Most people suffer from allergy symptoms or signs similar to allergic reactions. Let’s look at all the ways to figure out how do you know if you have dust mites. There are different ways to kill wood mites as well as dust mites and bed bugs so it’s important to know what you have first to treat them properly.

    What Causes A Dust Allergy

    Despite the name, dust allergies are not caused by dust. Instead, the culprits are dust mites – microscopic organisms that feed on dead skin cells.

    These creatures cause a surprising amount of trouble considering their size. The dead body parts of mites, along with their waste, can trigger allergic reactions throughout the year. It’s estimated over 65 million people suffer from a dust allergy, with symptoms such as itchy eyes, sneezing, a runny nose and .

    The normal way to relieve an allergy is to avoid the allergen. This isn’t possible with a dust allergy, as it’s impossible to get rid of every dust mite in a home. The average person sheds enough skin each day to feed millions of mites – and they are resilient enough to live almost anywhere, including bedding, carpets, and curtains.

    Instead of avoiding dust mites, the best way to relieve symptoms is to reduce the quantity in your home. Here are five tips that can quickly provide relief.

    Here Are Some Ways That You Can Help Manage Dust Allergens In Your Home:

    • Remove wall-to-wall carpets, particularly in the bedroom.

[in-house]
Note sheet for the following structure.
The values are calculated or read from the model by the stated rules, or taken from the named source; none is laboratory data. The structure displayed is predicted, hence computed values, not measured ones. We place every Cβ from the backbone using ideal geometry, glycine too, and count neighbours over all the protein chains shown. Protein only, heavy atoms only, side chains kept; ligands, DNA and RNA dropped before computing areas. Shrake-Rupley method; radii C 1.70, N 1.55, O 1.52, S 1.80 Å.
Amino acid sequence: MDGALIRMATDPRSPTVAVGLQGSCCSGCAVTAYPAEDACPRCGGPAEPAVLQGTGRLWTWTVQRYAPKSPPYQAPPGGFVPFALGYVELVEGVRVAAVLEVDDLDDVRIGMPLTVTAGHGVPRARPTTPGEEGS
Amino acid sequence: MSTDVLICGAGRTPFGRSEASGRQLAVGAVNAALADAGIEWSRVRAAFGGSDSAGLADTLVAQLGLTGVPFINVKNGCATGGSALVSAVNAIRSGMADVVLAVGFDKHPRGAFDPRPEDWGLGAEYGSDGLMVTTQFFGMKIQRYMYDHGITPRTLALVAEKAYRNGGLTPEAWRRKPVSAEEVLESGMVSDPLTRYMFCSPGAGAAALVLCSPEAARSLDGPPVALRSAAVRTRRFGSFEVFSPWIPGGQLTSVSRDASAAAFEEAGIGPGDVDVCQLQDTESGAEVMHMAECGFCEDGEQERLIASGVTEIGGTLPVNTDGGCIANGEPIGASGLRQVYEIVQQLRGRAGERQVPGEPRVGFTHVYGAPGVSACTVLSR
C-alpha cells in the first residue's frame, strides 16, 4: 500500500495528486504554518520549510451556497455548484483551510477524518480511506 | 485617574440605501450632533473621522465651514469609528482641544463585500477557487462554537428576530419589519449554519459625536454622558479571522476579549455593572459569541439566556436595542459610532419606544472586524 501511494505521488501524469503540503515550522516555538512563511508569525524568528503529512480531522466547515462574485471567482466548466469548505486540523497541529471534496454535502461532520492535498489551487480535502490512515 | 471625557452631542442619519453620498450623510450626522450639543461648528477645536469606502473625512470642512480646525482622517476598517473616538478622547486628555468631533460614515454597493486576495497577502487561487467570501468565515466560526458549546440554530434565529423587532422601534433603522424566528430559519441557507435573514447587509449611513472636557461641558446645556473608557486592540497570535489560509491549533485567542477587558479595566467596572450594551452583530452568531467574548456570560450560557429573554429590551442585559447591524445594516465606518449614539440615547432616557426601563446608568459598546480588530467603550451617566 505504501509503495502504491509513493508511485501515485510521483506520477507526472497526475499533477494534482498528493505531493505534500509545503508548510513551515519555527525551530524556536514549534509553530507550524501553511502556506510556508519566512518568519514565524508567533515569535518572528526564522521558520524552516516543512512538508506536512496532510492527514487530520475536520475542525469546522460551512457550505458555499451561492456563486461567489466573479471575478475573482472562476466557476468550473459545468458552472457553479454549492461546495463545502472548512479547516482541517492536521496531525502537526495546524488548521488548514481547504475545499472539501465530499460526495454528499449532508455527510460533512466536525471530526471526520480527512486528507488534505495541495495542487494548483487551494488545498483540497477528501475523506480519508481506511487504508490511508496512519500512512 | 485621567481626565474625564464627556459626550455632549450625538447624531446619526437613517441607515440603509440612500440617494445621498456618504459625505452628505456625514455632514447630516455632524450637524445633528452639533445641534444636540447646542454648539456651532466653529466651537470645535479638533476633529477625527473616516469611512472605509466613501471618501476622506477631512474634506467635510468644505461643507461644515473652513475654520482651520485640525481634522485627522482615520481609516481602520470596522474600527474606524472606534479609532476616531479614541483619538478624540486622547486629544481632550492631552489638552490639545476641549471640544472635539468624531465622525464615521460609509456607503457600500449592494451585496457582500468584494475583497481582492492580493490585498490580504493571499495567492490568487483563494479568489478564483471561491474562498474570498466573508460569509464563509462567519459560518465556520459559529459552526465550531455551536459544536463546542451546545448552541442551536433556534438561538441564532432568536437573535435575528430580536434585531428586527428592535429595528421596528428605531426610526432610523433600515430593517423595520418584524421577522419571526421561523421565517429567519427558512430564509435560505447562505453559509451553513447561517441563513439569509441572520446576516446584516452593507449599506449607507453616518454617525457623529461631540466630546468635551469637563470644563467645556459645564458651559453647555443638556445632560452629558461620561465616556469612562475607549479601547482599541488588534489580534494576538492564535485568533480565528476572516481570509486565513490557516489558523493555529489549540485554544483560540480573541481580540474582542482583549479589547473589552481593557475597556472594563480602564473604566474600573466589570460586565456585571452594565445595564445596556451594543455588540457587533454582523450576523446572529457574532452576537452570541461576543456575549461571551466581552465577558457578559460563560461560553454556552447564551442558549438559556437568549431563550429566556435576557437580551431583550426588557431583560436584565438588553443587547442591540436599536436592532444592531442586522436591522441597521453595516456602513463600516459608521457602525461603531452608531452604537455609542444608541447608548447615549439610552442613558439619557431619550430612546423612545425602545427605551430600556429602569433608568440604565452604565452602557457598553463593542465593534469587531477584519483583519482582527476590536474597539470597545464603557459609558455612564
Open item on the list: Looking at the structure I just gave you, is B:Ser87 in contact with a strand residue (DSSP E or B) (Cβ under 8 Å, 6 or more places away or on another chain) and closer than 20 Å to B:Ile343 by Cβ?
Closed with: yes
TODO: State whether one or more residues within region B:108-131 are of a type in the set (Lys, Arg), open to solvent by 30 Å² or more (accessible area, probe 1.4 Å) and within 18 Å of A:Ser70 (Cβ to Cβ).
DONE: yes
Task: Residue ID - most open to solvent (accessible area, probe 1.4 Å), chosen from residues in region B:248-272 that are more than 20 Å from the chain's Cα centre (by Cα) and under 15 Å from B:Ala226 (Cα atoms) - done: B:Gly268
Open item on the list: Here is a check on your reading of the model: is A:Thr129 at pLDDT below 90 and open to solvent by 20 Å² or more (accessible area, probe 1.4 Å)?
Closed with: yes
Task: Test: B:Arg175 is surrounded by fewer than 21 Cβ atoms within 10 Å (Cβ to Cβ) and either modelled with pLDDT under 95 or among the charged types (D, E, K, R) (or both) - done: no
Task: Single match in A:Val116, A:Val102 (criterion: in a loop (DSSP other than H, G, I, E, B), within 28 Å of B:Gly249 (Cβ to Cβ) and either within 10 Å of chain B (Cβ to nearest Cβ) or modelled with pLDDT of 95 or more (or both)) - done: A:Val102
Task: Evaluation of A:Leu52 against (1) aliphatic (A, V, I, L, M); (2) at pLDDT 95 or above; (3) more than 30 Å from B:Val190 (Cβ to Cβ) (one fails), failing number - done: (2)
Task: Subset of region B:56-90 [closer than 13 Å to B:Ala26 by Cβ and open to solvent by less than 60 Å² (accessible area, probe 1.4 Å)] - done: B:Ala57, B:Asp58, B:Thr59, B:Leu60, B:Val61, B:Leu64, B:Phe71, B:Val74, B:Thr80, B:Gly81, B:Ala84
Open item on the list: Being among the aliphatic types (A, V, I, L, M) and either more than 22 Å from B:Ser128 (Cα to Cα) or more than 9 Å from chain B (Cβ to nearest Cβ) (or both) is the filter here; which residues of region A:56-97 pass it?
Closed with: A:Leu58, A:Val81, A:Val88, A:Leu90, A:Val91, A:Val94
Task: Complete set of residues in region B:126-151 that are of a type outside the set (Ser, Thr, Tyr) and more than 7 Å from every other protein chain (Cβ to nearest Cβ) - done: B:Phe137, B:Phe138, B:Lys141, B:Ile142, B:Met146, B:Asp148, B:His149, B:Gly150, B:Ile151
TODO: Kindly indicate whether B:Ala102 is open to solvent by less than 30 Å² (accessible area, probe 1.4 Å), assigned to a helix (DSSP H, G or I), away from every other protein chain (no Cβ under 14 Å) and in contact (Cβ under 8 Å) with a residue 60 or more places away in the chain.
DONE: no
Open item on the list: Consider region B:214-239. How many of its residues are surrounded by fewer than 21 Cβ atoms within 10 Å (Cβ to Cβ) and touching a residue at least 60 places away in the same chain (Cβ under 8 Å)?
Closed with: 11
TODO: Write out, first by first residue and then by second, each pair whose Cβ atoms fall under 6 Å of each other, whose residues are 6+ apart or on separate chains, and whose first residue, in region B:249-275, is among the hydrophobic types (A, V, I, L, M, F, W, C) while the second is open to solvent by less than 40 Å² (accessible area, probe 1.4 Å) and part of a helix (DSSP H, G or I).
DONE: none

• Keep pets out of the bedroom.
    • Minimize household humidity.
    • Use “mite-proof” cases on mattresses and pillows and wash bed linens frequently in hot water.
    • Install a high-efficiency media filter in your furnace and air conditioning unit and consider adding an air purifier to those areas of your home where you spend the most time.

    What Causes Allergies To Dust Mites

    Dust mite allergies really are caused by a byproduct of the mites: their feces and decaying bodies. These proteins in mite debris are the primary culprit when it comes to causing allergic reactions.

    When your immune system reacts to foreign substances — like dust mite debris — it produces antibodies to protect you. You also experience an inflammatory response that can affect your lungs and nasal passages. With ongoing exposure to a triggering allergen, you can develop the chronic inflammation that’s related to asthma.

    Our patients frequently ask, “What can I do about my dust mite allergy?” Here are three strategies you can use to evict the allergy-inducing intruders from your home and reduce your allergy symptoms.

    1. Cover and Clean

    Consider having your home — and especially your bedroom — cleaned by someone who does not suffer from allergies. If you must clean on your own, be sure to wear a mask that can filter dust. To clear out as many mites and their debris as possible:

    2. Reduce Humidity and Dust in the Air

    To keep the moisture in the air low, use your air conditioning or a dehumidifier. Humidity levels below about 50 percent are necessary for keeping mites to a minimum; consider using a hygrometer to measure.

    A HEPA filter with a high MERV rating — around 11 or 12 — will help trap a significant amount of dust and keep it out of the air. And be sure to change your filters every three months for maximum effectiveness.

    3. Eliminate Hiding Spots

    How Do You Get Rid Of Dust Mites

    Dust mites are difficult to get rid of completely, but removing as many as possible from your home can help prevent allergic reactions.

    The best way to get rid of dust mites is to target the areas they tend to live in and thrive. These include:

    • bedding
    • blinds and curtains
    • toys and stuffed animals

    Frequent vacuuming, wet mopping, dusting, and washing can all treat dust mites. You don’t need any specialized products. You just need to make sure you wash bedding in hot water and use wet cloths that can properly trap dust when you clean.